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Today's Opinions

  • We love our tree!

    Dear Editor,

    With no notice to anyone in the community, half of the huge willow tree at Pion Elementary has been chopped down, reportedly because its roots are getting into the sewer system. A local plumber has volunteered to help reroute the sewer lines if it will save the tree. The other half of the tree was scheduled to go Monday.

    Students, parents and alumni throughout the community planned a gathering to keep that from happening. Some were on site as early as 6 a.m. A petition is also being circulated throughout the Pion district to help save the rest of the tree.

  • Let's avoid a permanent divide

    Dear Council Members,

    Irene Powell’s skate park location letter (June 5) seems to make a great deal of sense. It addresses most of the issues raised, with better solutions than we have now, while allowing for a rapid building of the skate park. It appears to be a good compromise that will give all parties what they want.

  • Los Alamos can make own future

    Dear Editor,

    Regarding the West Jemez Road Bypass (WJB), your article quoted LANL Traffic Engineer and Transportation Board member Trask as saying, “if we are going to spend money at all, then we should do it correctly.”

    Nothing could be more accurate. How incorrect it would be to spend vast sums of resident tax dollars for an expensive and unneeded long stretch of asphalt right along the edge of Los Alamos Canyon. Los Alamos County needs to get beyond the anger of DOE constructing the “toll booths” and make our own future.

  • Our View: Anderson era comes to an end

    Dr. James Anderson stepped out of his office at 751 Trinity Drive today and into retirement. As superintendent of Los Alamos Public Schools for 14 years, he leaves behind a proud legacy.

    Sen. Pete Domenici recognized this, saying, “Although the school district will certainly miss his leadership, I believe he is leaving a solid foundation for even greater educational growth and development for students and the entire community.”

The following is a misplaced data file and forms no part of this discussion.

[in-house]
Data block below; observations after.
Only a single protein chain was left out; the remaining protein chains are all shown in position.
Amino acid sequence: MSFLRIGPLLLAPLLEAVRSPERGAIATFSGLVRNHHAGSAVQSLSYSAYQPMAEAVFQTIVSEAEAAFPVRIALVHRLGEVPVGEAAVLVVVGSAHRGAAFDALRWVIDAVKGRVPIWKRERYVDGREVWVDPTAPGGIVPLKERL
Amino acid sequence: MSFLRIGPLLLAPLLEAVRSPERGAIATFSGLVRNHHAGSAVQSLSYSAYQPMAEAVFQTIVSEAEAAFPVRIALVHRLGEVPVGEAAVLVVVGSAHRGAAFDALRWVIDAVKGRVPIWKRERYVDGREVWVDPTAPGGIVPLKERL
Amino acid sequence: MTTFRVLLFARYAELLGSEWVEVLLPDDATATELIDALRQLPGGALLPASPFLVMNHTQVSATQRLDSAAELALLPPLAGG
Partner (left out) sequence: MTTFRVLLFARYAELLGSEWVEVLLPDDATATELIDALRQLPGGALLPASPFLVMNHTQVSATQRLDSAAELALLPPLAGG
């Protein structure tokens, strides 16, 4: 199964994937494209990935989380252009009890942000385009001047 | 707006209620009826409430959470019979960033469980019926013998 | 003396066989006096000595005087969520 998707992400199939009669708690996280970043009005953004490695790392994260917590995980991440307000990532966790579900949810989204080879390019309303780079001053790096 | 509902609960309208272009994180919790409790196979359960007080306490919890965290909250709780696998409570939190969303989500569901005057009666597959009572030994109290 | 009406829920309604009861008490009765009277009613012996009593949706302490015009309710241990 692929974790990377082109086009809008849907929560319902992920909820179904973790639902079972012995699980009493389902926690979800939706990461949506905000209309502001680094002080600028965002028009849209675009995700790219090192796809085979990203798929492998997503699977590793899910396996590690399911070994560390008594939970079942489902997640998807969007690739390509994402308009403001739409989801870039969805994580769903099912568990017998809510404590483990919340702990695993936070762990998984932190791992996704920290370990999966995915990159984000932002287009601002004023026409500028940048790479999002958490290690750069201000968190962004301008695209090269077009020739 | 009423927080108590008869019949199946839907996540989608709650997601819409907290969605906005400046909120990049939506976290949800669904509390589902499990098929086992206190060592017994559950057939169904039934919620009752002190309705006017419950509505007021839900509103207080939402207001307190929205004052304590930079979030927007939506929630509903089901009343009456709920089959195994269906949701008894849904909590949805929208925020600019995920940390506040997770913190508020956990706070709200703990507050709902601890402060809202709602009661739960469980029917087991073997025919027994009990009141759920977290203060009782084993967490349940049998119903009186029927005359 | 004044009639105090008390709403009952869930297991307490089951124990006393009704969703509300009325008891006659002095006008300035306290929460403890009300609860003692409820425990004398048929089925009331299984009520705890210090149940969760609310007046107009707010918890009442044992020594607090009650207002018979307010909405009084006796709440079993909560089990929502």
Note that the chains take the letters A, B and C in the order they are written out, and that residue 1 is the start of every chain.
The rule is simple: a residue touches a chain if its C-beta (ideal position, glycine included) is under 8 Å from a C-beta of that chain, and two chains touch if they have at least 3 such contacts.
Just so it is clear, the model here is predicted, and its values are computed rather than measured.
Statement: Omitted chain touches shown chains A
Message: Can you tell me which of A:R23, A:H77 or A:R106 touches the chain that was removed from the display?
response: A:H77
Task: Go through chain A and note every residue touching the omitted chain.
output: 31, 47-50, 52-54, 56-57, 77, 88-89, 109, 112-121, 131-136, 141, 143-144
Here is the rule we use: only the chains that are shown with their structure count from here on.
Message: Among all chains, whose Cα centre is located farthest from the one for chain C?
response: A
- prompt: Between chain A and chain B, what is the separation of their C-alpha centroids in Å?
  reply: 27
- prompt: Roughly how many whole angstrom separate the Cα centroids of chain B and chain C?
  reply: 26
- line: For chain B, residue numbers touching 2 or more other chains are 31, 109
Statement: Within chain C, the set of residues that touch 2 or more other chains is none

• Our View: What we believe in

    Saturday was Flag Day, the day we pay an official tribute to the American flag, the ideals it stands for and the sacrifices made to preserve them.

    While we should honor the flag every day, an extra day is a good time to remember the symbol that stands for what we believe in: freedom.

    President Woodrow Wilson recognized during his first Flag Day address in 1915 that the freedoms the U.S. flag stands for were not and never would be free.

    And American blood has been spilled time and time again to preserve our liberties.

  • Our View: Time to invest in our future

    The school board approved a measure that asks residents to back a bond resolution to help repair and rebuild our schools.

    This is a measure – and effort – that we should support.

    Our schools are old and in need of repair – and in some cases outright replacement. The board recognizes this fact and its members are taking the right steps to move us forward.

    Yes, this will be a tax increase; there is no way of getting around that. And yes, these are difficult times in Los Alamos right now.

  • But I digress: Even if we disagree, can we talk?

    A man I’ve known for many years recently told me that he no longer wants to have anything to do with me. He accused “my kind” of being responsible for the 50 million deaths incurred during WWII, the turmoil we endured from the Cold War, the more than 50,000 deaths during the Vietnam War, the collapse of America’s moral infrastructure, the decline of the nuclear family and finally for the 9/11 attack.

    He summarized his explosive outburst by telling me that he was sick of my “anti-American pacifist left wing liberal hippie drivel.”

  • Off and On: Air is filled with more than pollen

    Been sneezing lately? Eyes a bit watery? Nose a bit irritated?

    Well, it could just be that it is more than the pollen that is flying about that is causing you distress.

    According to two Associated Press stories, there is more flying in the air in this part of the world than dust.

    San Juan County ranks No. 6 on a list of U.S. counties with the highest carbon dioxide emissions in a study published in a scientific journal.